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Answers are provided by S. Derrin Watson, JD, APM
Excluding Workers by Classification
(Posted June 4, 2002)
Question 192: In Q&A 190 you give an example of Zeke, a retired executive on a consulting agreement. He's paid as in independent contractor but he's still legally an employee. Would it be possible for the employer to define an acceptable class of employees to be excluded from the qualified plan so that Zeke would be considered as having changed to an excluded class of employment? If so, what might the class be called?
Answer: Absolutely he can be excluded. There is no reason why the plan couldn't provide that anyone who receives a 1099 and not a W-2 from the company is excluded.
I say that because of a Technical Advice Memo written by Mr. Richard Wickersham of the IRS. Although it was never issued a formal number, it is still a valid analysis of the situation. I've posted it in the Who's the Employer Reading Room. Let me quote a few of the pertinent paragraphs:
Of course, common law employees excluded through such a clause will be counted in determining whether the plan satisfies IRC sections 410(b) and 401(a)(26). However, assuming you can pass those hurdles after the exclusion, there is no problem with excluding workers who are not actually on the company's W-2 payroll.
Many employers have amended their retirement plans in the wake of this decision in an attempt to protect their plans against the uncertainty that may be created by retroactive determinations that workers are employees rather than independent contractor. Typically, such amendments provide that workers engaged as independent contractors, or workers not paid through the payroll system, will not be eligible to participate in the plan, even if the classification as an independent contractor is later determined to be erroneous.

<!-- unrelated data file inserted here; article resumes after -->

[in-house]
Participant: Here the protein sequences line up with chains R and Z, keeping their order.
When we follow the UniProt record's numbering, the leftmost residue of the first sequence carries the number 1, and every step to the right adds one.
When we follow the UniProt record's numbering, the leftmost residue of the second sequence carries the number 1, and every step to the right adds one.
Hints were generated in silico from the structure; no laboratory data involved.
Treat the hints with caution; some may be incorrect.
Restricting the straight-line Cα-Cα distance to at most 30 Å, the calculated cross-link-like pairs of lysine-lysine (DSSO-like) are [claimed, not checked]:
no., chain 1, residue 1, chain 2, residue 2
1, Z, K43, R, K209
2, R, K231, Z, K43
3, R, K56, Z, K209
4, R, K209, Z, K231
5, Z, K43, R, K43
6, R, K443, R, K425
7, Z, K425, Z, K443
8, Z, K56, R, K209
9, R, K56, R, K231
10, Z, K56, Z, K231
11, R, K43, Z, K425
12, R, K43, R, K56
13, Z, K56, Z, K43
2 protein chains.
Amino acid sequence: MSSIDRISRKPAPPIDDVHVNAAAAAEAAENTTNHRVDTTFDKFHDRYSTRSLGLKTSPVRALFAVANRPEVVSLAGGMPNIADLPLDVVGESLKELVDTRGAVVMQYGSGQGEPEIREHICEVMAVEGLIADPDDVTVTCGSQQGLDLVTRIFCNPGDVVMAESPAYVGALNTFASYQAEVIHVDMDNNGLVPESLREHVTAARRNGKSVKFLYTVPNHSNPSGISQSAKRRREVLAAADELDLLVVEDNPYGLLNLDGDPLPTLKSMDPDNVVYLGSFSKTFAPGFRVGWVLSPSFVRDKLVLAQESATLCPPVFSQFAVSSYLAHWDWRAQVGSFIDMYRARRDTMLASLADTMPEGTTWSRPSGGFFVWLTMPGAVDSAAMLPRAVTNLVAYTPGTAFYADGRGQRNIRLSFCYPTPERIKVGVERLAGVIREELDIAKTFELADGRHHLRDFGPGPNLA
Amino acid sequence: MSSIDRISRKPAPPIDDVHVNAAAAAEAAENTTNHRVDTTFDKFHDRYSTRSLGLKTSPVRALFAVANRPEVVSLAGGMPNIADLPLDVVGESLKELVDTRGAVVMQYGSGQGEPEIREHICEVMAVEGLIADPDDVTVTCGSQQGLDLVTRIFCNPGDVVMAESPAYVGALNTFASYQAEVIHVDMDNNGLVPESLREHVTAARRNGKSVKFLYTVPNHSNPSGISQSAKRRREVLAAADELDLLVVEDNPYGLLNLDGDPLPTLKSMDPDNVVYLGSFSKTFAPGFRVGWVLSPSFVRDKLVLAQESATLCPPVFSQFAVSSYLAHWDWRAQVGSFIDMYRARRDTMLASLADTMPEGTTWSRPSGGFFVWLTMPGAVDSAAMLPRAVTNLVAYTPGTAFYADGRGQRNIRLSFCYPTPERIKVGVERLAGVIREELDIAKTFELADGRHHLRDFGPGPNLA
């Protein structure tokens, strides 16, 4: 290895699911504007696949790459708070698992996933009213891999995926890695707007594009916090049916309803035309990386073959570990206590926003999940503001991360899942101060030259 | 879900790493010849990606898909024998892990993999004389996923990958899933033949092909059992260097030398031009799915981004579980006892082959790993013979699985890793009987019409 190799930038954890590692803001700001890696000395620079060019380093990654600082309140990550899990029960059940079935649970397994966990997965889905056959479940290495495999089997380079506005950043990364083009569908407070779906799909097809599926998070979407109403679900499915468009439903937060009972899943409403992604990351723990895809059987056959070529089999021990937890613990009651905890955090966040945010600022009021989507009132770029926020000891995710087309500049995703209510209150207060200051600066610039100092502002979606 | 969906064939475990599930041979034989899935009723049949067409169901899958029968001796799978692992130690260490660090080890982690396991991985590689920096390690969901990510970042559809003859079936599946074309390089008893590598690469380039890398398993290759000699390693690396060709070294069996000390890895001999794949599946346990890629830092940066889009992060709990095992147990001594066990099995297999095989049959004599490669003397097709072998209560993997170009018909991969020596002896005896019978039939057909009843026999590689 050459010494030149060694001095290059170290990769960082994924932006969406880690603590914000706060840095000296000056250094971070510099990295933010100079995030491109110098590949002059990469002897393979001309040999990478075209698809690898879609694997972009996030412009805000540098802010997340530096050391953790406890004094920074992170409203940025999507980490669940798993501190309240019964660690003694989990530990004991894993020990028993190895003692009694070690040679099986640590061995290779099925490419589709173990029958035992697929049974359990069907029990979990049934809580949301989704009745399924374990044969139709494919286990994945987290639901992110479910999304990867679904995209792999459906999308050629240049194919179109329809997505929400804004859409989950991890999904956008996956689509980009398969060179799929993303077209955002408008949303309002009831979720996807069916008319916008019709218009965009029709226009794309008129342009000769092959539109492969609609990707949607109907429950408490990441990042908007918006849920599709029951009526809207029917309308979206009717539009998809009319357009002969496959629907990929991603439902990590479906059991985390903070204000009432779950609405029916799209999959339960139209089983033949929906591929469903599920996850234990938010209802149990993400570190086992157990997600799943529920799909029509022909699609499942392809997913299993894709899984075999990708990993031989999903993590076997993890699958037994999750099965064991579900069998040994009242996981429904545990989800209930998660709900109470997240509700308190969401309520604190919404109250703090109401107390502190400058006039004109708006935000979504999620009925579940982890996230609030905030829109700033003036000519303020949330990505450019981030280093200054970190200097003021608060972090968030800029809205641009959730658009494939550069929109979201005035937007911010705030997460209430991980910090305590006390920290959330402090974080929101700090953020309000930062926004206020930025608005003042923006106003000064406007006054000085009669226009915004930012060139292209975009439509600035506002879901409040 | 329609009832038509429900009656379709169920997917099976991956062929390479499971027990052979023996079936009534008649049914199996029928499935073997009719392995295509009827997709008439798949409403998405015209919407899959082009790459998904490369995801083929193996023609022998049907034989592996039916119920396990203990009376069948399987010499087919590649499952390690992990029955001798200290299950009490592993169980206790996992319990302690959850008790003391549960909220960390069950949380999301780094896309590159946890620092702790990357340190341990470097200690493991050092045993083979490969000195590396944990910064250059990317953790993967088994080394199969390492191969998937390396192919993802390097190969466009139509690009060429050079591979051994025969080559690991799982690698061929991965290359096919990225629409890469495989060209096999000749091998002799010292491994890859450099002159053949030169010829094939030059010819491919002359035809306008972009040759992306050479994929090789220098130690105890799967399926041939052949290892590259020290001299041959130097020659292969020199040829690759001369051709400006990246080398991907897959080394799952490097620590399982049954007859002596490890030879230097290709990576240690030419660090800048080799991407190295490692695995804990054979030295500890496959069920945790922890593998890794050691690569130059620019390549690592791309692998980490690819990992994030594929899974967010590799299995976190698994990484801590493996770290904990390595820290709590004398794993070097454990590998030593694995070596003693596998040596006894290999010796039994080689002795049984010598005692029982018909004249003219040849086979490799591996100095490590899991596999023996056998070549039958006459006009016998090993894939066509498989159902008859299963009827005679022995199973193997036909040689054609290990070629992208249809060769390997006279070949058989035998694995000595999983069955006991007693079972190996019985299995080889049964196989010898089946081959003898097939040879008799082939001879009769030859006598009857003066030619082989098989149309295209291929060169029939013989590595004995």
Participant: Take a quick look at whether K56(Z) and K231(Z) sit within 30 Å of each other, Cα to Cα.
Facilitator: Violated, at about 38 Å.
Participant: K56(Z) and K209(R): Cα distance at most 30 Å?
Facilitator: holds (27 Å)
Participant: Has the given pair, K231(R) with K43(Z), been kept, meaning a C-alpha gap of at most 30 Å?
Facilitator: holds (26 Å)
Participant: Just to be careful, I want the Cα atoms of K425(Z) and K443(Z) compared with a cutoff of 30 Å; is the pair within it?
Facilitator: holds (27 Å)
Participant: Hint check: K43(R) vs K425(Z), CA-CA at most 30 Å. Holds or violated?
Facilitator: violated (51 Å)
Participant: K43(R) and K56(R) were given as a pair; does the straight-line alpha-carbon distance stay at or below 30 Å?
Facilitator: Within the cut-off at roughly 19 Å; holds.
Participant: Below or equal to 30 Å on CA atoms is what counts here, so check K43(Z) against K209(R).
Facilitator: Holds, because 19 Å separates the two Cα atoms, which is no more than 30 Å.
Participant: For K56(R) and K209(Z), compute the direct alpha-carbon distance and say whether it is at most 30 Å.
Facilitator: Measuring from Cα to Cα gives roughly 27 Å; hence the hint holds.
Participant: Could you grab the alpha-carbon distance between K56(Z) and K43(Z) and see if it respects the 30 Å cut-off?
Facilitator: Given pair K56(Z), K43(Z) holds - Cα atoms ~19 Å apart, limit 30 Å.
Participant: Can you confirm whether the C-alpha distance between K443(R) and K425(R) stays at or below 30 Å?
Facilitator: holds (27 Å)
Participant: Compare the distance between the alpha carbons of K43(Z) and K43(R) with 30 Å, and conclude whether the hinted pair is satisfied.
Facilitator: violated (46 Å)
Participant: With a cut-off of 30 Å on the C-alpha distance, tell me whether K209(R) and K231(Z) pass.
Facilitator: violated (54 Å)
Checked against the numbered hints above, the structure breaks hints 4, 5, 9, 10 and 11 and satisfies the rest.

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As indicated previously, employers have legitimate reasons to exclude from plans workers who were not engaged as common law employees. If the worker is in fact, an Independent [sic] contractor, the employer would be precluded from covering the individual under its plan, absent some specific statutory rule, such as the individual's status as a based employee under section 414(n) of the Code. Even if the worker is not, in fact, an independent contractor, the employer has a legitimate business interest in knowing the cost of the worker's compensation package at the time the worker is engaged.
A tax-qualified retirement plan that conditions participation on status as a common law employee need not define that term, for the standard articulated in Darden will be applicable absent some special definition in the plan. With respect to the case at issue, section 410(a) of the Code does not preclude a qualified plan from excluding retroactively reclassified employees from participating in the plan. A worker's status is based on facts and circumstances. Making a determination as to whether a common law employment relationship exists is not always straightforward. An employer, making the initial classification of a worker's status, has legitimate concerns in protecting its plan from the consequences of retroactive reclassifications if a mistake is made. Nothing in section 410(a) prevents an employer from addressing these concerns though preventative measures similar to the plan language provided by the taxpayer.
For further discussion of this TAM and the exclusion of employees, see Chapter 2 of my book Who's the Employer.
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